African horned antelopes are majestic. You may spot these stunning animals somewhere on social media. But have you ever seen an African antelope with symmetrical spiral horns? The
Greater Kudu bears these. The unique horns have made a name for themselves.
The twisting horns are definitely the most impressive features of this antelope. They can always make this animal stand out from the crowd. They can form two to two and a half full twists and can stretch up to 47 inches if straightened.
Do you know that male Greater Kudus occasionally fight with their horns to take over dominance in their colony?
This African antelope is endemic to south and east Africa. It prefers living in the woodlands and eats shoots and leaves. Currently, this species can be still found in the wild but more common in reserves, the Kruger National Park, for instance.
Along with the twist horns, this beautiful creature is known for the white stripes on its belly. These stripes help reduce their risks of being spotted by lions, African dogs, and hyenas.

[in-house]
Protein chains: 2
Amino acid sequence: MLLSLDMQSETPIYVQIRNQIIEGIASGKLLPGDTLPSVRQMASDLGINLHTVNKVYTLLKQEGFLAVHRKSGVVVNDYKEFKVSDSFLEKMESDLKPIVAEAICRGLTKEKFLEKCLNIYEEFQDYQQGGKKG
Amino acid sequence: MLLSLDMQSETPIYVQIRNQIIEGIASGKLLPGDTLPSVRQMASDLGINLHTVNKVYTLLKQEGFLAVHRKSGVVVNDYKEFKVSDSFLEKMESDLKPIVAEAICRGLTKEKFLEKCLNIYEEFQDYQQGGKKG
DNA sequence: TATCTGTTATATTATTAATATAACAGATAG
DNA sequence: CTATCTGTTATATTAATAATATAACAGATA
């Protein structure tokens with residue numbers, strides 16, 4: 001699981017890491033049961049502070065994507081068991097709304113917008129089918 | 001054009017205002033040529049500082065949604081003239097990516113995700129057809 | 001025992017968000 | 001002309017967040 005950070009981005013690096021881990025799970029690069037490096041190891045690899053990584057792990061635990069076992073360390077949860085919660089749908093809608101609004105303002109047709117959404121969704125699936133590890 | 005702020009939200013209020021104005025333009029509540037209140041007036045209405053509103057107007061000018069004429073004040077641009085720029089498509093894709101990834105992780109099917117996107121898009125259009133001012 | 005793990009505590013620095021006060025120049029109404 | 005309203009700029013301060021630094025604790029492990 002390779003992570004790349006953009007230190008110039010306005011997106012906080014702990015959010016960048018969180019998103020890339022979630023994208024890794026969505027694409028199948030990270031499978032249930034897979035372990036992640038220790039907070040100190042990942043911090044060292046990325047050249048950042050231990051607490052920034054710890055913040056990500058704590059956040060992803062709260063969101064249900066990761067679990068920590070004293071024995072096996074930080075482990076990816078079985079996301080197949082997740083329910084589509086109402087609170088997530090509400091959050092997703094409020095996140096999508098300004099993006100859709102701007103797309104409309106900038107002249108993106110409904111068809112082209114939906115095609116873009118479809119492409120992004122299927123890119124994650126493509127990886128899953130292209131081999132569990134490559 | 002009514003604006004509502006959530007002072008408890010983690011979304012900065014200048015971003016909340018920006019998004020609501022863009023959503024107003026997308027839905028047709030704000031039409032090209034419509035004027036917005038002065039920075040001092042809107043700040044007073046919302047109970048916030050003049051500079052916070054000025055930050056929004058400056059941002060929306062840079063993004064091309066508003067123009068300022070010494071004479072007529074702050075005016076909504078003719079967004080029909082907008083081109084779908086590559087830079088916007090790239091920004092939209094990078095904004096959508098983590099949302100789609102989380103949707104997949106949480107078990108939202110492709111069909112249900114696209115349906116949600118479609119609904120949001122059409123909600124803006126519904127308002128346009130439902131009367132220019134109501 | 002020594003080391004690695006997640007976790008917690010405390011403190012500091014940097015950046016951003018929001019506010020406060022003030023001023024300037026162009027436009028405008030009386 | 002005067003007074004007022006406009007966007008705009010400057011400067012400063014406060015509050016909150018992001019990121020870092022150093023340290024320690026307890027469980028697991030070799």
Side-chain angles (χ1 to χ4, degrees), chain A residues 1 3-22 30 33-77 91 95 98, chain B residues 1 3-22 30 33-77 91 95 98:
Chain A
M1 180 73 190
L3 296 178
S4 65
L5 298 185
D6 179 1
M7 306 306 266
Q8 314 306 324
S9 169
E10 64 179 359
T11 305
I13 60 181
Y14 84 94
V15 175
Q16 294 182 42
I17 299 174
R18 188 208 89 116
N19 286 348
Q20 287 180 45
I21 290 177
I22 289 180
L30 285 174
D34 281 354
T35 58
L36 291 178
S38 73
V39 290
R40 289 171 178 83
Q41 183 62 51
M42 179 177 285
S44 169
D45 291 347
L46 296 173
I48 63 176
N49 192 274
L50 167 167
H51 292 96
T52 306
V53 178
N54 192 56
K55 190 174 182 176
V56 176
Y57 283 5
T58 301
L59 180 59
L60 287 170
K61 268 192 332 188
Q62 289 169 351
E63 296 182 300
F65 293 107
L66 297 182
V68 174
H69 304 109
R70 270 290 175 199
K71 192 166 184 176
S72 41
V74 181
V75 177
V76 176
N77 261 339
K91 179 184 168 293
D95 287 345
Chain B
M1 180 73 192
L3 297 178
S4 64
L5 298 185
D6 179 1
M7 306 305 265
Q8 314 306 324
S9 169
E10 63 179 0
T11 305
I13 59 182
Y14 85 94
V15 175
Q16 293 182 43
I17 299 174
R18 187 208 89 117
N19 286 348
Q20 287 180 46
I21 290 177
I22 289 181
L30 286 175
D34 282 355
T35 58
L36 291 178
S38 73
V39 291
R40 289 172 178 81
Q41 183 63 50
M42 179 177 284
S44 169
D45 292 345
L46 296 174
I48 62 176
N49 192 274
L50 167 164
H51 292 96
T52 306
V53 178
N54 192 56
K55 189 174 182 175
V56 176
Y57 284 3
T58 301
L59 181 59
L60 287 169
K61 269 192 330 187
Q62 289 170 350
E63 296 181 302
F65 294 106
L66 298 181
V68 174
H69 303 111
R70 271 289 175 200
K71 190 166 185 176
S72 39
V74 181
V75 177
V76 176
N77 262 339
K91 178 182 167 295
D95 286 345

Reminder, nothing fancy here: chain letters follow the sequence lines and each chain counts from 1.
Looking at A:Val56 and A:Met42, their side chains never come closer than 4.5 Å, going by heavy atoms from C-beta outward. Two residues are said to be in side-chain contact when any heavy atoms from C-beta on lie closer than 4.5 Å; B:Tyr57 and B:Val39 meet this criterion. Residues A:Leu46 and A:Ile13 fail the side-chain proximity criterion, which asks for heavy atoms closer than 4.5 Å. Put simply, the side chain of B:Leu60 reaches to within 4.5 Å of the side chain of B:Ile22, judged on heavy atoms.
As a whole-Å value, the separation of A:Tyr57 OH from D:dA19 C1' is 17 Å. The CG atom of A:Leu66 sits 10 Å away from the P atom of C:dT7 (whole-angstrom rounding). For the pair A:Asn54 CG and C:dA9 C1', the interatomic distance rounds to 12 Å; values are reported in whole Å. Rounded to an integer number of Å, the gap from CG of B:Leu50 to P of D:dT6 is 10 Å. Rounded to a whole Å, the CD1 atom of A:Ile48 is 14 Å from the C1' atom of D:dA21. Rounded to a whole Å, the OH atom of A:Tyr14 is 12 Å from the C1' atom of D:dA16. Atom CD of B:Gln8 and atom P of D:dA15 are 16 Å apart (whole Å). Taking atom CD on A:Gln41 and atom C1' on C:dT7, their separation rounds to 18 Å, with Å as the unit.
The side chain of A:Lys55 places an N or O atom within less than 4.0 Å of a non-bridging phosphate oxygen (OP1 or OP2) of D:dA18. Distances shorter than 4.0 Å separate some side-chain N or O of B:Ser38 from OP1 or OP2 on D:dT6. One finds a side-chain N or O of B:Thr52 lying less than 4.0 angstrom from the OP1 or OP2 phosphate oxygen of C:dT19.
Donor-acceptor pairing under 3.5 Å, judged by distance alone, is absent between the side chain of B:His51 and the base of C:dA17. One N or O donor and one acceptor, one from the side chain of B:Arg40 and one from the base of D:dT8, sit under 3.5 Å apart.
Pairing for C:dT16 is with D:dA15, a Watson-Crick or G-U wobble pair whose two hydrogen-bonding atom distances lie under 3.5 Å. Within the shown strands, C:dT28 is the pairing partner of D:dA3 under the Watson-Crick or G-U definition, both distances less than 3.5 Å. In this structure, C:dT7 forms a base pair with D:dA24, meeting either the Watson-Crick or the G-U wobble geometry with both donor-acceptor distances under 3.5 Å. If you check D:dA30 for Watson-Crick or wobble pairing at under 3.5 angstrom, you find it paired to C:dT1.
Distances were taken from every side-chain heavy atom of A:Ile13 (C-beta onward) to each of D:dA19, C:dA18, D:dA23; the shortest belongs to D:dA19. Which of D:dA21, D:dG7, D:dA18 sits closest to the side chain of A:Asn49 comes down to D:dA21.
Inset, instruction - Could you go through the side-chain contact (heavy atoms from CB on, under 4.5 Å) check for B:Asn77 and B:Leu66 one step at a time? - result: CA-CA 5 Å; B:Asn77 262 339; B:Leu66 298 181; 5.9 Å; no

A male Greater Kudu can weigh up to 700 pounds and reach 60 inches tall when grown up.
They live independently most of their life. They only join a herd during the mating season.
Female Greater Kudus, on the contrary, form groups of three to ten with their calves. But they leave the herd when they are ready to give birth. The mothers then place their calves in the bush for 4-5 weeks to keep them safe from predators. But they will return to feed their babies.
The calves then form a group with their mothers in the wild. They continue to be cared for and protected by their mothers until six months old. After that, they live independently.
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